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Our fields

Project details

Anyone working on a rewilding or naturalisation project now has plenty of examples and information to draw on. The first guidance is simply to do the exact opposite of what the majority of our landowners and governors are doing currently. They impoverish the soils, reduce complex ecosystems to sad remnants and leave a barren wasteland. We need to keep organic matter on the land and fill the environment with plants and varieties of substrate and structure. “Build it and they will come”.

The site is comprised of two fields, the east field and west field which are to be treated in different ways. The west field will be turned into a complex of raised bank hedgerows, ditches and wildflower meadows with occasional small ponds. The east field will be transformed into a wetland consisting of pools, scrapes, ditches and meres. See drawings in the gallery below.


Click here to find out more about how the two fields will be treated differently.

East Field

Find out more about how the two Roborough fields will be treated.

East Field  

Here, a complex wetland system can be created. Because the land slopes and the soil is heavy clay, a very small amount of water can be spilled down the slope from one pool to the next to maintain a huge variety of small pools and ponds. Ditches will add another habitat type and in general aquatic plants will be allowed to colonise naturally.


There is scope for about 40 different water bodies. Shallow water (50-200mm deep) is the most valuable in terms of habitat so there will be lots of that, but other key elements will be variety and just the sheer number of pools. Dragonflies, damselflies and a myriad other invertebrates will come in, not to mention amphibians and predators like otters and heron. Refuges of wood and stone both in and out of the water will provide hibernating spaces and cover too. The banks will be seeded with a native wildflower mix suited to the heavy clay. The East Field will become aquatic habitat heaven!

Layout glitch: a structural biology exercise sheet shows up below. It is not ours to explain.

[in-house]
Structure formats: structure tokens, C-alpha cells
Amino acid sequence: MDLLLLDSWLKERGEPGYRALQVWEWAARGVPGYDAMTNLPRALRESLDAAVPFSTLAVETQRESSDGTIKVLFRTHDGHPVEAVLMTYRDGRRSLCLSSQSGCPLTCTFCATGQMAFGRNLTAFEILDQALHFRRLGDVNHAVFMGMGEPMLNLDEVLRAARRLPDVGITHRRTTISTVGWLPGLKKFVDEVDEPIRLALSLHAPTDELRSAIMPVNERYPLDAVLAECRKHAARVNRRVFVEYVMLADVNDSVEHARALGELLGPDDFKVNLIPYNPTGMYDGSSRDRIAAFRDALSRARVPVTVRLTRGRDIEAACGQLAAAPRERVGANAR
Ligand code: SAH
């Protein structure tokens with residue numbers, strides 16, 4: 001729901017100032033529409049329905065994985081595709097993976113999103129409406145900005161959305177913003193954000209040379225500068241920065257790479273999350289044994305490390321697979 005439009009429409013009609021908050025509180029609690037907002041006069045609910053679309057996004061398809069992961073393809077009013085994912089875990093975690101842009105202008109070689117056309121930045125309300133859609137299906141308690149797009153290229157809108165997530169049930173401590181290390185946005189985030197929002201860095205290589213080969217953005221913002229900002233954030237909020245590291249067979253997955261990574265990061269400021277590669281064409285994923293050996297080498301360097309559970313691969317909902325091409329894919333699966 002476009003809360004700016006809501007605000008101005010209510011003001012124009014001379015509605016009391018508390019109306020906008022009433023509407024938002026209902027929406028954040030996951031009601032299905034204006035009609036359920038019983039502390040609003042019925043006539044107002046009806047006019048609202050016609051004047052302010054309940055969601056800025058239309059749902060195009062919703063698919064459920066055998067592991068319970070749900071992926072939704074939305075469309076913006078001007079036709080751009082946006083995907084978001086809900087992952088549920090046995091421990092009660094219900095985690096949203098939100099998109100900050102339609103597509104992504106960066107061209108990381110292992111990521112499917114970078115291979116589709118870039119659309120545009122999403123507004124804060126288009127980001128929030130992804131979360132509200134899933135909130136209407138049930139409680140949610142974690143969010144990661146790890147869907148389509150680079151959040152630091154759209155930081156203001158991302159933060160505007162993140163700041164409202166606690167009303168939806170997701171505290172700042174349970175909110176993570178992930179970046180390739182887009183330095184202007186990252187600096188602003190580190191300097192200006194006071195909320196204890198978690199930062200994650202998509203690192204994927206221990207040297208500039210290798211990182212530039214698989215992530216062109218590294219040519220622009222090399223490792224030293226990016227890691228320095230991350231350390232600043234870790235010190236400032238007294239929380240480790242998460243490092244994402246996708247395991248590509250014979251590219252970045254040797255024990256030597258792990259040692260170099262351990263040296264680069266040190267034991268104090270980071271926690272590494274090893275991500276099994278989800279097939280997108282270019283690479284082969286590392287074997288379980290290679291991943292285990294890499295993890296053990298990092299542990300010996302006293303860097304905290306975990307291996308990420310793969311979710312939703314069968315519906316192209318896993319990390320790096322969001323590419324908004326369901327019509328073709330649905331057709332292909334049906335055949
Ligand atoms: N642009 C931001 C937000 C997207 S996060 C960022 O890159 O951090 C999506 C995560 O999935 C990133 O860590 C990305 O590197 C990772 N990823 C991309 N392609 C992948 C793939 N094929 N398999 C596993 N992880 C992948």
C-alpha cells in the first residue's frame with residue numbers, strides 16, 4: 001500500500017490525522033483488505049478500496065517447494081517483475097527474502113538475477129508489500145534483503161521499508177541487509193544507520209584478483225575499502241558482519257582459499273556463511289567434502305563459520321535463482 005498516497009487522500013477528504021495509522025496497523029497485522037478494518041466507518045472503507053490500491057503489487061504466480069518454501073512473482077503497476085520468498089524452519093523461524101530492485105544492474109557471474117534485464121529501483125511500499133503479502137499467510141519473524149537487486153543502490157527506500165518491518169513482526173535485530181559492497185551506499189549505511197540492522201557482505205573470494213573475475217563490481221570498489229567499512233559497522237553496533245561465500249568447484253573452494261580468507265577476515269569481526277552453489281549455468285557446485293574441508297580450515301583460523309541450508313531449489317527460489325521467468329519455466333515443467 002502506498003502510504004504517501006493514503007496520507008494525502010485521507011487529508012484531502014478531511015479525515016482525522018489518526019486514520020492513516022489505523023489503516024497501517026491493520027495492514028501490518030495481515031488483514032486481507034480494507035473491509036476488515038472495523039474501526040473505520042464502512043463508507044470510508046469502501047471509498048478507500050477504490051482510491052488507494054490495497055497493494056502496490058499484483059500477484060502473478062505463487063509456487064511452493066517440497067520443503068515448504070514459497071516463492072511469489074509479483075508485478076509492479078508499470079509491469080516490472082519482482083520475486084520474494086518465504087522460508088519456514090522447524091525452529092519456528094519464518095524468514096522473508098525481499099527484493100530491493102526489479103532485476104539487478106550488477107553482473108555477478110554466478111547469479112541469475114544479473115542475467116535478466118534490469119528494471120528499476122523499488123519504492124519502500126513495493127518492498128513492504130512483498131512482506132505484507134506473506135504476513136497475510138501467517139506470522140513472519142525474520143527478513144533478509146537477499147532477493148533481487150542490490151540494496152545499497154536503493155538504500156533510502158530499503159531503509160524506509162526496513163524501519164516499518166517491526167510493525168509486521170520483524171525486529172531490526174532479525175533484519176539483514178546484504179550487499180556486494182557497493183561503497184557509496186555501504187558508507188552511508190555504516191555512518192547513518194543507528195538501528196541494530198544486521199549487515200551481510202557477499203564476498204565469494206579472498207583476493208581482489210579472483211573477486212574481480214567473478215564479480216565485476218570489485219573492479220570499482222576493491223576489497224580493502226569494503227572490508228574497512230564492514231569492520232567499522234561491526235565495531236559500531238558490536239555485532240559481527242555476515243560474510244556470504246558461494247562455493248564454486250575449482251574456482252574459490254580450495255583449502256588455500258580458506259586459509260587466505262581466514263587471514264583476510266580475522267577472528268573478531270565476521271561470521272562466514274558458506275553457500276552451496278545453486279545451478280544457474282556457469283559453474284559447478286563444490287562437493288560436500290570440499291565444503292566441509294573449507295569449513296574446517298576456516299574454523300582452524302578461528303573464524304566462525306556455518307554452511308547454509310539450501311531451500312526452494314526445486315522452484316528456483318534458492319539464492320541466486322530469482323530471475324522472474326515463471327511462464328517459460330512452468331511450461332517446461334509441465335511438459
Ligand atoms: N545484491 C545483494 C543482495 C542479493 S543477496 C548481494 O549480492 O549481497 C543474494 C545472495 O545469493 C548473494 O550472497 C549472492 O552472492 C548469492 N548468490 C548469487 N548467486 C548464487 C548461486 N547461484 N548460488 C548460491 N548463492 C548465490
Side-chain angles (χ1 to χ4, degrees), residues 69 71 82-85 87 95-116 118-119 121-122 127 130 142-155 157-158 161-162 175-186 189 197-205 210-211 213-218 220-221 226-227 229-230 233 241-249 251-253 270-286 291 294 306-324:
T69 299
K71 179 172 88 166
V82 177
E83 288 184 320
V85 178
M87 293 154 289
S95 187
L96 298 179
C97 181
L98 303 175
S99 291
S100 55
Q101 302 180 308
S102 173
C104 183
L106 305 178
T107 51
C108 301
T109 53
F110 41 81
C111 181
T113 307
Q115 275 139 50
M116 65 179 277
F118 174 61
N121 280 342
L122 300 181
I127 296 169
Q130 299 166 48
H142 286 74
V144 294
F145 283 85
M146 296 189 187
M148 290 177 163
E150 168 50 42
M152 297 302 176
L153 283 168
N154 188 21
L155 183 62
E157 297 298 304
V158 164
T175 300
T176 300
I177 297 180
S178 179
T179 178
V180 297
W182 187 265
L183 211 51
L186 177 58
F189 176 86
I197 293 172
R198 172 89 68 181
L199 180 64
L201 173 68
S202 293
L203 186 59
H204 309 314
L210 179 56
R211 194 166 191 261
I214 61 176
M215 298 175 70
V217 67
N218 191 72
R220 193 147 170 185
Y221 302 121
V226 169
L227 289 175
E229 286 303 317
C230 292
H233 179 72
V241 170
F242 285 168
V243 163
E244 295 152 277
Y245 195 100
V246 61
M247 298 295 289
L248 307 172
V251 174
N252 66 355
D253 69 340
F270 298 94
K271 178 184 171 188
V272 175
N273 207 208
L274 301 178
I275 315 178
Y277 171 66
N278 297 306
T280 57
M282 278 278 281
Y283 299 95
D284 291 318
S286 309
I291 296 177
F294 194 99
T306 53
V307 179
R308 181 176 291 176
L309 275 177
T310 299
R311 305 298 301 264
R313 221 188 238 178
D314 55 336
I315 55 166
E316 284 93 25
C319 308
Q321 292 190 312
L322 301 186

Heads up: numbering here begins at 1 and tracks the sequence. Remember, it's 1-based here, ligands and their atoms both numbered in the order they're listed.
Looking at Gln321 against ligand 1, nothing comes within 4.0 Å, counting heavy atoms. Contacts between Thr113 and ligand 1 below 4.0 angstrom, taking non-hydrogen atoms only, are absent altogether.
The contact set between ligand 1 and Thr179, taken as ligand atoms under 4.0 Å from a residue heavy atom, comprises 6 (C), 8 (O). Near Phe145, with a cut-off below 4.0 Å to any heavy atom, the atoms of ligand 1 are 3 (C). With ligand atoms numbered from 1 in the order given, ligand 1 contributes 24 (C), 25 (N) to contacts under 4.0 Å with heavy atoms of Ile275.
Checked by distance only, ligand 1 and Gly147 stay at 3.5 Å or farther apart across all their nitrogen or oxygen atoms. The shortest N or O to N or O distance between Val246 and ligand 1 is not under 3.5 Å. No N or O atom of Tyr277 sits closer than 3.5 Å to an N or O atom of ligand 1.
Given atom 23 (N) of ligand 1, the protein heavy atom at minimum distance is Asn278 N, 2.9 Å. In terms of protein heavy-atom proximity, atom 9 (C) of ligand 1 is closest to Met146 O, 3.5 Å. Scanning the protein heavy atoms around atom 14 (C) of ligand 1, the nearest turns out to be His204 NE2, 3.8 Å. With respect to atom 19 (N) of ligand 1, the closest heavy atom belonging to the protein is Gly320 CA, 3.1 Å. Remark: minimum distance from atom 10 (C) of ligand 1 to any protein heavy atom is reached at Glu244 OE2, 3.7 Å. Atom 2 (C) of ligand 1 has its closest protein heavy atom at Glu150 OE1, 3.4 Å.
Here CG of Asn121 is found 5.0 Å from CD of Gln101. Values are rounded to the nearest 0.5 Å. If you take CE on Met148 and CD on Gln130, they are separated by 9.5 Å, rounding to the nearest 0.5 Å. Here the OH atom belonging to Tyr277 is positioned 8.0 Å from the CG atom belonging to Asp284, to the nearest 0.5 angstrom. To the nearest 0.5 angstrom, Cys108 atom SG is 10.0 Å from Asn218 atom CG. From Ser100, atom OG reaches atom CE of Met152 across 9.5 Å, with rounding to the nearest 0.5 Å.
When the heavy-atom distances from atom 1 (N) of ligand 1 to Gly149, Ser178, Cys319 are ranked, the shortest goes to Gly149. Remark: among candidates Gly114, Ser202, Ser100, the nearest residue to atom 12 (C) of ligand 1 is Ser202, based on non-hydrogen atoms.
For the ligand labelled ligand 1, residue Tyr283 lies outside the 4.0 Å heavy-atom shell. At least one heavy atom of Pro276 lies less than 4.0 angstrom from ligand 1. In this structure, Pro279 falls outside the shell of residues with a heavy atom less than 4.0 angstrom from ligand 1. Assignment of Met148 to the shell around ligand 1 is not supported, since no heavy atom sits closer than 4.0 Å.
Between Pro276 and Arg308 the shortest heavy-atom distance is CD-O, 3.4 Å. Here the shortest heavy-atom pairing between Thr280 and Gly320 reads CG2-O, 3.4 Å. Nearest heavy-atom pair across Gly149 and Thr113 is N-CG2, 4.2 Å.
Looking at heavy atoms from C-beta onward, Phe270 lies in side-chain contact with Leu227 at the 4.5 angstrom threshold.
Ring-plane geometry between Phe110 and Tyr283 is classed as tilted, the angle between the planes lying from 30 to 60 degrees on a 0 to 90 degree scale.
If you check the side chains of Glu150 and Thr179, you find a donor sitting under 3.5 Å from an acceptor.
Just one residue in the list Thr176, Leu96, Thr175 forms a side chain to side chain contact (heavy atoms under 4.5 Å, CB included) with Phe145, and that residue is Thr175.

West Field 
One of the most notable losses in our agricultural landscape is flower. Modern agriculture decimates floral diversity and abundance. We aim to transform the West Field into a floral haven – Campis Florum (fields of flowers.)


The basic methodology is to remove the grasses that have been sown for sheep fodder by stripping off the turf. This will then be used to create banks which will be planted as hedgerows. The cut ground can then be sown with a variety of native, wildflower meadow mixes. This will produce small, stable, floral rich meadows sitting between hedge banks full of hazel, hawthorn, willow and bramble. Ditches can also be cut to connect one or two small pools.


There will also be a few large field trees and as much habitat structure as we can cram in – piles of deadwood and stone, and corners of native scrub. Once established, the field will provide a home for huge numbers of butterflies, bees and insects. Herbivores, like rabbits, voles and roe deer, will create diversity and dormice, barn owls and smaller birds will benefit from nesting and hibernating boxes. Natural colonisation will also be encouraged and the local populations of plants and animals will flood into the new habitat.

West Field
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